It's a year later, 1947, and life for Thomas Silas Burks has, if nothing else, changed radically. His grandpa, Selmer Carson Burks, Sheriff of Sundowner County and Hyde's Corner's Chief Law Enforcement Officer for forty-six years is dead. Burks was shot to death in front of Tom's eyes ... there was nothing he could do to stop it.
Tom has received a notice of draft into the U. S. Army. He has chosen to enlist so he may complete a college degree. Now, the day has arrived when he will report to the Army induction center in Oklahoma City. But there are a few "housecleaning chores" he plans to finish before catching the 6:45 a.m. bus.
His first stop is the farm of the man he once called "uncle." Now, Tom only thinks of the man as his grandpa's assassin. His intention is simple and shouldn't take long at all. It's been rumored for months Sid Tassel is talking suicide, but everyone knows those who talk suicide, seldom carry out the deed. "Uncle Sid" will quit talking and kill himself this very morning. Tom Burks will pay Tassel a visit and help him fulfill the desire he has claimed to have many times before.
His death will be messy, similar in it's barbarity to the shot Tassel fired from his .50 caliber Sharps buffalo gun. That shot took the head of Tassel's lifelong friend, Selmer Burks, off at mid-point. Portions of the sheriff's skull and brain matter splattered one of the front windows of the Sheriff's Office. It was the window on which Tom had pressed his face so tight, had he been listening, he could have heard the light cracking sounds of the glass. His face had the look of a pale, grotesque mask. A mashed, fright mask some child might wear on Halloween trick or treating night. The cannon-like explosion Tom witnessed fundamentally changed not only his life from that day forward, but because of Tassel's traitorous murder, many other lives as well. But none of the people, not even Tom, could guess how savage and brutal that change would be for all concerned.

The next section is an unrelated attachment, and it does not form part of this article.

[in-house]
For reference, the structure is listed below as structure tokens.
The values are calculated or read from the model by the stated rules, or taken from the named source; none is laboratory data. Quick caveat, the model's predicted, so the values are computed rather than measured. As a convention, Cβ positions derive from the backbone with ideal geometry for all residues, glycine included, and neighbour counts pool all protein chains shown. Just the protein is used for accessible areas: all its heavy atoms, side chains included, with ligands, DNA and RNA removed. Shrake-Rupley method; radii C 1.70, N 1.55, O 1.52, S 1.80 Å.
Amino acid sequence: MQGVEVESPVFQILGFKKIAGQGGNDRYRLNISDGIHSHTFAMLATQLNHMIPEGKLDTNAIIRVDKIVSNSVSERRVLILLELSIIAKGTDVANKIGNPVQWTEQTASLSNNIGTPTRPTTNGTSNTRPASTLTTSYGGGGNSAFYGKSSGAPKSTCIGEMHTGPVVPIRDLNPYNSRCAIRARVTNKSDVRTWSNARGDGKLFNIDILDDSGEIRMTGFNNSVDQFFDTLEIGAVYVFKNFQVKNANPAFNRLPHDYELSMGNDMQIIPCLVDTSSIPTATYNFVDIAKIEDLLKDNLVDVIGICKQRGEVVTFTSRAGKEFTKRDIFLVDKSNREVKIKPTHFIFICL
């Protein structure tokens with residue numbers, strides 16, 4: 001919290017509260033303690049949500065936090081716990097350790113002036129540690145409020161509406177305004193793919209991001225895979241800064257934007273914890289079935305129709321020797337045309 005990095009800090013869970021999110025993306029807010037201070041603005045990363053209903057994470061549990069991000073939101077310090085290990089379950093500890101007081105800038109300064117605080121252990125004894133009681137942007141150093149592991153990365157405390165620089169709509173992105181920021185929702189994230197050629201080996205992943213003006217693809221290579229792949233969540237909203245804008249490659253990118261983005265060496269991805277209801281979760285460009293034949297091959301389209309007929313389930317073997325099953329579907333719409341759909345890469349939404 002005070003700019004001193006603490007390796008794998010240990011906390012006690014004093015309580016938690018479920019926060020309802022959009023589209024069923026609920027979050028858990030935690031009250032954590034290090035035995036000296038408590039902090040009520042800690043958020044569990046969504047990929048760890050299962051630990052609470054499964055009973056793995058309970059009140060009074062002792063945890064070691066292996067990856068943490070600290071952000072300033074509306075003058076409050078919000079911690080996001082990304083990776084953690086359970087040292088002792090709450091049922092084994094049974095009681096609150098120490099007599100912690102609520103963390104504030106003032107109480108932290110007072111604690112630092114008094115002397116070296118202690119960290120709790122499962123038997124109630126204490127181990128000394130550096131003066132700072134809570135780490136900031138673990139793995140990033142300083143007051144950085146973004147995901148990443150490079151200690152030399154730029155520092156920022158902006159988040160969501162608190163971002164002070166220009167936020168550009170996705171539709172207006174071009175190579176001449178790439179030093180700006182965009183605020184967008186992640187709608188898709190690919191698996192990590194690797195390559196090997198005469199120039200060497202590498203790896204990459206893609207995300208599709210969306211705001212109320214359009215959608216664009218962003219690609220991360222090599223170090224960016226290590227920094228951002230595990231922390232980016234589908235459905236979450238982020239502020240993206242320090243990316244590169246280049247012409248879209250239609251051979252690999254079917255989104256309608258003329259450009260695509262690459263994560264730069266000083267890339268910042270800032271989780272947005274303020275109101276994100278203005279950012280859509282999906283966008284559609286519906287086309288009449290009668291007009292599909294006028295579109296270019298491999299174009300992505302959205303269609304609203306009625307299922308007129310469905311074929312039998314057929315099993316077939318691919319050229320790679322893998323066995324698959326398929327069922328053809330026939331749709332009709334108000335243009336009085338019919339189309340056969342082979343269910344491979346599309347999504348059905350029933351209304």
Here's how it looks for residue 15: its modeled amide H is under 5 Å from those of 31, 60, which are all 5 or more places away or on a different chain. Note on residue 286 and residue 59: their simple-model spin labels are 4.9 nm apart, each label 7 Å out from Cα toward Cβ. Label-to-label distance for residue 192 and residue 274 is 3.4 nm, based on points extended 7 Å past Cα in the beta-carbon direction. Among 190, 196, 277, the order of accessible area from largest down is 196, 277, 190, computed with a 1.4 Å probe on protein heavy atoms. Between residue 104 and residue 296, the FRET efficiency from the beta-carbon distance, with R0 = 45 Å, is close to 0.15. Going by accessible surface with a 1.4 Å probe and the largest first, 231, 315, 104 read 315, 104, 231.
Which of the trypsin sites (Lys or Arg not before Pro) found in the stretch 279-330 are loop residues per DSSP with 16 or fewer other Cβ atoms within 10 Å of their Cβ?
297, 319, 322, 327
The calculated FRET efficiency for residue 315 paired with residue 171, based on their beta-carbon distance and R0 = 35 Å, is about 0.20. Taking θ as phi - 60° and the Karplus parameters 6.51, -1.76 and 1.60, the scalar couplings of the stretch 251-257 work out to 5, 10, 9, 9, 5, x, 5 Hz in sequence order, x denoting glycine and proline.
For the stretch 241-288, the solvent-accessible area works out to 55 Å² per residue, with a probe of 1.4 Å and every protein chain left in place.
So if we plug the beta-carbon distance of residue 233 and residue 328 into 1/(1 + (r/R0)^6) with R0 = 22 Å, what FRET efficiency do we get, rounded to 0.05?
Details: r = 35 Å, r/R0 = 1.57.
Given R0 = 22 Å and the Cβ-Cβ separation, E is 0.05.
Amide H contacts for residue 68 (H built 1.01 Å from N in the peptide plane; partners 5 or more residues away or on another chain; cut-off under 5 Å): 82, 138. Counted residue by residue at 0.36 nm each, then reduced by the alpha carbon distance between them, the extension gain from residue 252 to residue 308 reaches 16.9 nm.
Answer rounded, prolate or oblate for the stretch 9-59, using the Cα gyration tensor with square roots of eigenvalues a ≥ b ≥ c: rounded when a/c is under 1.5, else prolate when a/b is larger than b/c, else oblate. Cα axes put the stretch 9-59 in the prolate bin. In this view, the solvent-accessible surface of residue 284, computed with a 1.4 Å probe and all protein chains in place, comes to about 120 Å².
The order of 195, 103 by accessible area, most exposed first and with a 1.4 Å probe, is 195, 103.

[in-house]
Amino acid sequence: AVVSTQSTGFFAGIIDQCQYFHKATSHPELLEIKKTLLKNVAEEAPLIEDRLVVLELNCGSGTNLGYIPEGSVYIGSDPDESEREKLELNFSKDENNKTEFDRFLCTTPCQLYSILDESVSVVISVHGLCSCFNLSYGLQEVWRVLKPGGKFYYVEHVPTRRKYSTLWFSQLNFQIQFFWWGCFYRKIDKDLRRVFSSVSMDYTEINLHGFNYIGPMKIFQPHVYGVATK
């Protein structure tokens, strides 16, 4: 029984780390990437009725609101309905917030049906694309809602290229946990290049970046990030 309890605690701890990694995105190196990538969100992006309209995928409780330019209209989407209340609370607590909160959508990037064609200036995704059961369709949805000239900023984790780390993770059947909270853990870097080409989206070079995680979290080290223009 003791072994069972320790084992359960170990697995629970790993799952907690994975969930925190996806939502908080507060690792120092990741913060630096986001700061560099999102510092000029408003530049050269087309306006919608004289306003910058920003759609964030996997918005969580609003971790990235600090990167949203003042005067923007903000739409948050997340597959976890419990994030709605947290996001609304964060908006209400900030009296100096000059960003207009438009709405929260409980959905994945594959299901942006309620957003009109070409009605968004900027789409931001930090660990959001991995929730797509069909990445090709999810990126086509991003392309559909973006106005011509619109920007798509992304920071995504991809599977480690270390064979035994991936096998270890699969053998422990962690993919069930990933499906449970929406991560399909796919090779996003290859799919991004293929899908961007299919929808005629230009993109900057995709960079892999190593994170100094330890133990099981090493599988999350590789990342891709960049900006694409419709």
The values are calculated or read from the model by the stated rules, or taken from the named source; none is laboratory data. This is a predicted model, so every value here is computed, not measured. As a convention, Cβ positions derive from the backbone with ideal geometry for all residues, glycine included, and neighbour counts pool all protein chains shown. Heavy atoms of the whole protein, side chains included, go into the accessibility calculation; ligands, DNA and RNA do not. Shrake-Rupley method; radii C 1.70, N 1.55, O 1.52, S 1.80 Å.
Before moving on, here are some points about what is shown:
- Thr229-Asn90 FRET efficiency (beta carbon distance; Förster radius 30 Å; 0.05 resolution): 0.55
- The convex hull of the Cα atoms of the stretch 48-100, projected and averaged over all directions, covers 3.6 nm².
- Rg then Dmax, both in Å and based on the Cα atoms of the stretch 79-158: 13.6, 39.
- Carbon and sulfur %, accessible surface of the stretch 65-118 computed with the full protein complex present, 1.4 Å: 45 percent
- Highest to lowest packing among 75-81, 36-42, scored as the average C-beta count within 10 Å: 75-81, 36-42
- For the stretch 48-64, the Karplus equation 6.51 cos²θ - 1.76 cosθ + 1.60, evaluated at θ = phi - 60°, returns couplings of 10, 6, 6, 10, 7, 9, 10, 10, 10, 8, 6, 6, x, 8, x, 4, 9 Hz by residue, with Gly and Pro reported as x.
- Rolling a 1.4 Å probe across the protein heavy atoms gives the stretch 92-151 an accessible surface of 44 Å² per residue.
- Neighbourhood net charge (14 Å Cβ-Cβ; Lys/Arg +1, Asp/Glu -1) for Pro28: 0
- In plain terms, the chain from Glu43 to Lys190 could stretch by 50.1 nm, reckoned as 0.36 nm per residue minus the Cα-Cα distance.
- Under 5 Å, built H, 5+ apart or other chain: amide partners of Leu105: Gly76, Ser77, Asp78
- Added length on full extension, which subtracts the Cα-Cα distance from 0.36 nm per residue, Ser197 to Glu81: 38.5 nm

Tom's plans also include a stop at the brothel known as The Prairie Schooner Library and Reading Room. There he will, according to his grandpa's wishes, drop off an envelope. Inside, Millie Saint Jardine and her twin sisters will discover they have a new partner ... her name is Sara Marla Tassel. Ms. Tassel has served as the Schooner's General Manager for the past few years. Tom is not happy with this portion of his grandpa's will, but there is nothing he can do to interfere at this time. Tom feels the betrayal of the Tassel family deeply and will eventually find a way to settle with Ms. Tassel. In the meantime, Sara Tassel will enjoy a comfortable and substantial living while he's away, thanks to the brain addled condition of Selmer Burks at the time of his murder. A third stop at the Hula Hut Fellowship Hall will be a true pleasure. He will deliver his last envelope to Hal and Natalie Owen. Inside they will find they are the new owners of the Hula Hut along with the building and land as well.
His last task before heading for the bus station will be to leave his grandpa's canvas carryall on Doctor Herman Beaman's front stoop. He is reluctant to drop more responsibility on the shoulders of the small town physician, but Tom is not sure there is anyone else he can trust with the explosive information provided in the records and ledgers left by his grandpa.
The years away from Hyde's Corner mature Tom Burks more than he dreamed possible. An Army career that begins brilliantly, ends ignominiously with Tom's assignment to a minor posting in Kansas. Having finished a college degree while serving in the Army, Tom attends Law school. After graduation, at the urging of Emmy Royster, Tom returns to Hyde's Corner to open a new practice following the death of Lucius Peelman, Hyde's Corner's only lawyer. He marries Emmy Royster, but is soon seduced by Sara Tassel.
Tom finds Sara's tastes and ideas intriguing and forms a partnership that leads to more evil mayhem than one mind could possibly conceive. Their liaison is immersed in sex, innovative murder and a power grab that would put a grin on the whiskered, ghostly, face of Selmer Carson Burks. That's, of course, depending on whether or not you believe in ghosts. If you do, and also believe their presence is due to their violent departure from this world, then you must believe there are those who will not rest until their deeds left undone are bloodily finished. By whom, you ask? Perhaps those humans whose lives, you might say, are in the gunsights of a ghost.